Wednesday, 29 October 2014

Getting ready for winter in the country

It's a fact.......... There is more weather in the country.

For many years I wrote for the Suffolk Smallholders Newsletter and each year there would be society members who were having their first winter on a smallholding. So every now and again I did a bit about getting ready for winter. After searching around C found it on a memory stick, I've done a few alterations and updated and
this is it

Getting Ready For Winter –For newcomers to the countryside

(And a timely reminder for the rest of us.)
Getting ready for winter in a city probably means buying a new coat, if you live on a smallholding in the countryside a bit more preparation is needed  
 In towns and cities there are pavements, in the country we just have MUD! So the first thing is to make sure your welly boots are waterproof, check they haven’t cracked underneath which you might not notice until you step in a puddle.
Find your wooly hats, gloves and scarves and warmest old coat or waterproof. It's no fun being cold on the daily animal feeding rounds. C swears by a boiler suit for working in.
We may never again get a winter like 1963 or 1981 (I don’t go back as far as 1947!) but we’ve had electric off for a week on two separate occasions in the last 20 years so you never know.

If you have an all-electric house or heating that uses an electric pump, it’s a good idea to get in an alternative, a calor/propane gas heater is good or get the chimney cleaned in case you need to open up a fireplace. A couple of hot water bottles are useful.

The same goes for cooking. A camping gas stove with a spare cylinder is always handy. Everyone feels better with a hot drink.
In the longer term a wood fired Rayburn or a woodburner will ensure that you are never without warmth and a way of heating a kettle.

For lighting, keep a supply of candles and matches somewhere easy to find in the dark. Tea lights only last 4 hours but a night light candle will burn for 8 hours. Have some spare batteries for the torch or buy a wind-up torch for emergencies. A gas camping light is handy if the electric is off for more than a few hours.

If you raise your own meat losing all your freezer stocks can be a real problem if the electric is off for a while. Try not to open the freezer. You might think of investing in a generator just in case. 

If you know you are in an area that could be cut off in snow then a good stock of food will be needed.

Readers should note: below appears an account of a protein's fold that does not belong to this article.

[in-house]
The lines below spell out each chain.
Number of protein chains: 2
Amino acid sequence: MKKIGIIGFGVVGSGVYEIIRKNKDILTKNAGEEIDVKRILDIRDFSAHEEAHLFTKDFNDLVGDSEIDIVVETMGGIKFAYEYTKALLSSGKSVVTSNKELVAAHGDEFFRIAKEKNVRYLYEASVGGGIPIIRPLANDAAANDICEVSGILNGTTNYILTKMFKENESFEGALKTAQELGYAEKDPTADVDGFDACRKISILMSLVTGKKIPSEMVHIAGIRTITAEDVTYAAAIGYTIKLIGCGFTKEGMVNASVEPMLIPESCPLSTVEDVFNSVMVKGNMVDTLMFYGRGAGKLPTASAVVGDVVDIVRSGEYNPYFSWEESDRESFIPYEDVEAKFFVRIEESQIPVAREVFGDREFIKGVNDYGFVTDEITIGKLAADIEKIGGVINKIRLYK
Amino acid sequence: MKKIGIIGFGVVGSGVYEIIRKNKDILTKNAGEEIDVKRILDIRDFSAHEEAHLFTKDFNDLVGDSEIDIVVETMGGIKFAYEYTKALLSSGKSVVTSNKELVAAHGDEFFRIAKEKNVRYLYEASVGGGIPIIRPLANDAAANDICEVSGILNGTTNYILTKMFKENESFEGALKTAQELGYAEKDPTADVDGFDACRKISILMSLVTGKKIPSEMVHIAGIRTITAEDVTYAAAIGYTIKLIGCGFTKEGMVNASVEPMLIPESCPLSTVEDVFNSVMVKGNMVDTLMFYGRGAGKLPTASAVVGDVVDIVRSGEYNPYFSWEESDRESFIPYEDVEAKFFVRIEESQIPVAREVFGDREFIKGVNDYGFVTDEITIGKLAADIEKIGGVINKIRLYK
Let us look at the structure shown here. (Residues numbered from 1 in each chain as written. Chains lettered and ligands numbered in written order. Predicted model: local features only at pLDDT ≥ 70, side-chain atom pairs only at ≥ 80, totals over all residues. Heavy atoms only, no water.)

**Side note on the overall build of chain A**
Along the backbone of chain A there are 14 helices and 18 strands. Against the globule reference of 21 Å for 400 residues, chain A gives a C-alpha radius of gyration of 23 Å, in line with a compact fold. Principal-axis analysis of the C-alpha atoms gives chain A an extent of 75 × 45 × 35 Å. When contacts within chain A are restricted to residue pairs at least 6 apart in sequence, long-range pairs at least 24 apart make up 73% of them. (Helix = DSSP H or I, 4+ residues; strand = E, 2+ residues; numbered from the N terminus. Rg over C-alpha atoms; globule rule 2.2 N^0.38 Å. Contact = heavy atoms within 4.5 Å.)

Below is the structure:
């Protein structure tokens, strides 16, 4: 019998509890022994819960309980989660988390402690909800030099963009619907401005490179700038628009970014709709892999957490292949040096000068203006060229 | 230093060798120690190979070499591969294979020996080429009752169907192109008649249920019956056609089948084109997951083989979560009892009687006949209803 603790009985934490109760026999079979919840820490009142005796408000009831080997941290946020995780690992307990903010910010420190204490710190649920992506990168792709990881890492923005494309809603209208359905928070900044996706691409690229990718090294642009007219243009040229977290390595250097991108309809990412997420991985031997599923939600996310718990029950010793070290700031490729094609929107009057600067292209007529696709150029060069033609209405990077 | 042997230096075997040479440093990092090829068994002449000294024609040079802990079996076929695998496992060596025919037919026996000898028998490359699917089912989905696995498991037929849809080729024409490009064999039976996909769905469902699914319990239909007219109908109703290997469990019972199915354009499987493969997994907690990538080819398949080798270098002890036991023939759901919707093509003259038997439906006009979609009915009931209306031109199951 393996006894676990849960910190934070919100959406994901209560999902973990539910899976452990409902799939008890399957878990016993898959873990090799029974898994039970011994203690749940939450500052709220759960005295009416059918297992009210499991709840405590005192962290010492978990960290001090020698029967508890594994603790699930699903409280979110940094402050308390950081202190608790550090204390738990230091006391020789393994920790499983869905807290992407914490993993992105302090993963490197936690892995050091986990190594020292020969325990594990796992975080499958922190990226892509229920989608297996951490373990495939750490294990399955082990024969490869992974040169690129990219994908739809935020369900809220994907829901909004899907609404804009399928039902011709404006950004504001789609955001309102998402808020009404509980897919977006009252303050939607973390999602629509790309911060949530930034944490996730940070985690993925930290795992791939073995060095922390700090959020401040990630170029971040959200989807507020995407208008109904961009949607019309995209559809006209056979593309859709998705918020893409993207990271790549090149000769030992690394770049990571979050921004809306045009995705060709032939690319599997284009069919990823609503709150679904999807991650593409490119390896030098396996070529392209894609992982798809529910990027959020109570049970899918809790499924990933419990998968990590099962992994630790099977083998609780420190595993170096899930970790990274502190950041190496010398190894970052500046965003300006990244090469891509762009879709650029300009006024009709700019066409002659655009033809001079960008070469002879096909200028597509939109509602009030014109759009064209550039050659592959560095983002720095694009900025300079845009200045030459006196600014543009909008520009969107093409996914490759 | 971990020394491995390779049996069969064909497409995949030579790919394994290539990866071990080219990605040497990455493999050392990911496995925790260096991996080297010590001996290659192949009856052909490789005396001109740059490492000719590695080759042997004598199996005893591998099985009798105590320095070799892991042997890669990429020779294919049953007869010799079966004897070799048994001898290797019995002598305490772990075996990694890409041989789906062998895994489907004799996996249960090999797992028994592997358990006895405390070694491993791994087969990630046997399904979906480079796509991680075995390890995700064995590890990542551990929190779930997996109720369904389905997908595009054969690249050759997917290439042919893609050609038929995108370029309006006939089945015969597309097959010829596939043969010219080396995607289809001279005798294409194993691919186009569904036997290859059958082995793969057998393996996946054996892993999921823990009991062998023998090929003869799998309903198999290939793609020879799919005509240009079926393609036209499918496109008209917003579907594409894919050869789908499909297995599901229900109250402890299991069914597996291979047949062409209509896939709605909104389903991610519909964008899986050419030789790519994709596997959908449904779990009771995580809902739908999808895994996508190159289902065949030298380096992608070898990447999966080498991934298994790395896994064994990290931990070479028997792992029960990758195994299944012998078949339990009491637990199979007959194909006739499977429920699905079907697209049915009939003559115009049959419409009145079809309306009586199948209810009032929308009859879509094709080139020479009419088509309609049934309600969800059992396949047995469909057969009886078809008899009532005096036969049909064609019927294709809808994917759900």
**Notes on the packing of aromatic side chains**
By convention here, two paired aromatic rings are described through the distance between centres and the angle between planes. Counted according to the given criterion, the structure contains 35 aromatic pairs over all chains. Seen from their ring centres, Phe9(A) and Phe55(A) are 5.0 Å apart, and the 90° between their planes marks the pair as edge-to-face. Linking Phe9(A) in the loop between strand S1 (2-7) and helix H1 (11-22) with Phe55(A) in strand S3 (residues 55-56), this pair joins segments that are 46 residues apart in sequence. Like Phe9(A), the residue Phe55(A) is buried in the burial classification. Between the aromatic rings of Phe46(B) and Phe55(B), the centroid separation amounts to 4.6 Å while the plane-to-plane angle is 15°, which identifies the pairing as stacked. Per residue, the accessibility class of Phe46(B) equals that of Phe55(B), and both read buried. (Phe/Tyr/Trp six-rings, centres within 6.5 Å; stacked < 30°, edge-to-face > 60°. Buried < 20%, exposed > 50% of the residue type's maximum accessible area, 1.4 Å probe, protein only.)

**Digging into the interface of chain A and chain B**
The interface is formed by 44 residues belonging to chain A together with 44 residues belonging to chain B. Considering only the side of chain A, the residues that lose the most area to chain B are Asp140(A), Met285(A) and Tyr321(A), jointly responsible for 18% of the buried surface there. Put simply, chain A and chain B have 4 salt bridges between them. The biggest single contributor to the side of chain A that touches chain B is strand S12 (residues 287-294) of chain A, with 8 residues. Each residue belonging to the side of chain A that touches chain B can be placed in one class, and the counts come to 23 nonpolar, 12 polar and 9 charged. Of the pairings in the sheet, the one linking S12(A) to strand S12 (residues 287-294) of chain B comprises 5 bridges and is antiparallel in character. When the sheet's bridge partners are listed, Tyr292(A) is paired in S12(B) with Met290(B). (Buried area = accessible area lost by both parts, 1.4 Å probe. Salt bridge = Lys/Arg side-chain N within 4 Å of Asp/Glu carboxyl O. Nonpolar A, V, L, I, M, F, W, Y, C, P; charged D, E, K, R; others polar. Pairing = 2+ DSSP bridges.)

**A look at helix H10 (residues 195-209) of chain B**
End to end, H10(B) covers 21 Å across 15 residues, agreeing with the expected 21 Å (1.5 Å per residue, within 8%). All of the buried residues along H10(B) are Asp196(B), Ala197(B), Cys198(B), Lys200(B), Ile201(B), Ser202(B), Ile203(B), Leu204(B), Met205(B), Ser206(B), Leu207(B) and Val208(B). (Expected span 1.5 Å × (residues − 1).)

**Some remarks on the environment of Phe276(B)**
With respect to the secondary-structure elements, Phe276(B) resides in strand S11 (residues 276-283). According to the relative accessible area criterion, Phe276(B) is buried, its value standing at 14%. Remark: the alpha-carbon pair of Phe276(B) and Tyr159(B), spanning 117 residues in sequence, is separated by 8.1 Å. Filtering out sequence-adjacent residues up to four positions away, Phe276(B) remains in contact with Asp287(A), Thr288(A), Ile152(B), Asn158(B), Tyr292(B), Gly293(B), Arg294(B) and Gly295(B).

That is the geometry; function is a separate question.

Make sure your animals have some shelter. Chickens hate drafts but need good ventilation. Put a shelter around the feed hopper if you feed them outside. For a few sheep, lay out some bales in the shape of a cross, this will let them get out of the wind, whichever way its coming from. Elderly goats will appreciate a goat-coat and some warm water to drink. Lag outside water taps if you can to stop them freezing up. Carrying buckets of water from the house to your animals soon becomes hard work. Try not to run too low on feed stocks but make sure spare feed is in a dry, rat proof container.

Rats and mice can be a big problem in buildings and in the compost heap (and in the house sometimes too). Ideally bait boxes should be laid much earlier in the season but they will still work. Using proper boxes means less risk to pets. 

On the house – clean out guttering and make sure drains are not blocked by leaves. If you have a septic tank check that the outflow is clear.

If we do get snow, be careful clearing paths, shoveling snow in cold weather can aggravate heart conditions! ( This has suddenly become relevant here, when I wrote it I was only thinking of old people!)

 In cities "Chelsea Tractors" are much despised but nobody will complain about you having a 4 wheel drive vehicle in the countryside when the roads are covered in snow and you are the only person who can pull someones car out of the ditch or get through to the shop.

Finally, a battery or wind-up radio will keep you in touch with what’s happening if the electric goes off. Local radio stations usually give information about school and road closures during bad weather.

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 Copying something written 10 years ago is a lazy way of filling a blog post, but as John at Going Gently always says" Hey Ho !"

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